Thin victory margin no ground for recounting votes: apex court

New Delhi, Nov 30 ( A runner-up cannot claim a recount of votes just because the election was won by a razor thin margin, the Supreme Court has ruled.

Unless the plea for recounting was supported by solid evidence of irregularities in counting, the lower courts or the election tribunal need not order a recount merely on ground of low victory margins, said a bench of Justices D.K. Jain and R.M. Lodha while delivering its verdict on a petition filed by a village headman in Andhra Pradesh.

The ruling was delivered Nov 23, but released late Saturday.

“A narrow margin of votes between the returned candidate and the election petitioner (the runner-up candidate) does not per se give rise to a presumption that there had been an irregularity or illegality in the counting of votes, entitling the runner-up candidate to claim recounting of votes,” said the bench.

Discounting the Andhra Pradesh High Court’s reasoning that “recounting of votes will reinforce the transparency in the process of election, particularly when the margin of votes was very narrow”, the apex court bench said: “It needs to be emphasised that recounting may even breach the secrecy of ballot”.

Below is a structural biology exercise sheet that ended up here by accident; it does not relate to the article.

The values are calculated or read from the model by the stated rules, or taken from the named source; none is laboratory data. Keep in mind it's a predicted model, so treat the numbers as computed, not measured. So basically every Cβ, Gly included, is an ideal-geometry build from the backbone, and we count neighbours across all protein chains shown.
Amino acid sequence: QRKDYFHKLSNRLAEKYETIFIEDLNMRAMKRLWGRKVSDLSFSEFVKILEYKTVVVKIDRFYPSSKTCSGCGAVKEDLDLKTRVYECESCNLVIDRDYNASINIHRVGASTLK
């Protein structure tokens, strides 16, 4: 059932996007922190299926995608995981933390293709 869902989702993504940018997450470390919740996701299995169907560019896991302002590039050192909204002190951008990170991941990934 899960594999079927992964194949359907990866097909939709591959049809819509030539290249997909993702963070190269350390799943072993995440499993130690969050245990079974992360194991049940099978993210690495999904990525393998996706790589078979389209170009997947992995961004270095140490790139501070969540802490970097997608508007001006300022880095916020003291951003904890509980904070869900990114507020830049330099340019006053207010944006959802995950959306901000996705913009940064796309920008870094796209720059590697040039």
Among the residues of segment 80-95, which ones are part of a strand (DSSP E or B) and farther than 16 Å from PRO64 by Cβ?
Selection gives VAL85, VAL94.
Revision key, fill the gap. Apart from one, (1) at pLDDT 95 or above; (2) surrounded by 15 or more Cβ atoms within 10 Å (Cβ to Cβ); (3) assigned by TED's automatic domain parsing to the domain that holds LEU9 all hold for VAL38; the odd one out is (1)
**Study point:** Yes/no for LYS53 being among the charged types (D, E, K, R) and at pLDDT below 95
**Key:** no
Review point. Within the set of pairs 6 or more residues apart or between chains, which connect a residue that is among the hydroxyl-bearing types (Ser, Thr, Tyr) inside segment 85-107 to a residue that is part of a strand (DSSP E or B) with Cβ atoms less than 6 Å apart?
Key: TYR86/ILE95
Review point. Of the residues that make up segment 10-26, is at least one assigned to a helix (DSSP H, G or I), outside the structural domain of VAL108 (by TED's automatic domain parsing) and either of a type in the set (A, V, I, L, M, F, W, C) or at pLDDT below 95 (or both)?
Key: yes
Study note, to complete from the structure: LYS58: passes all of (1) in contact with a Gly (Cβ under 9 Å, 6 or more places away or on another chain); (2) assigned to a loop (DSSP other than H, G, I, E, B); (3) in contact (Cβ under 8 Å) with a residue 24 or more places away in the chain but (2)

The apex court gave its ruling on a lawsuit by K. Murali Krishna, who had been elected as sarpanch in Ravimetla village in Andhra Pradesh’s West Godavari district in August 2006 by two votes.

Alleging that the low margin was an indication that there had been irregularity in the counting process, runner-up candidate V. Koteswara Rao had moved the lower civil court and had secured its order for a recount.

As the lower court ruled in favour of Rao and ordered recounting of votes saying it would not cause any prejudice against the winner, Krishna moved the state high court challenging the lower court order.

As the high court too ruled in Rao’s favour, Krishna moved the apex court, which upheld his contention and set aside the lower court’s order that had been endorsed by the high court.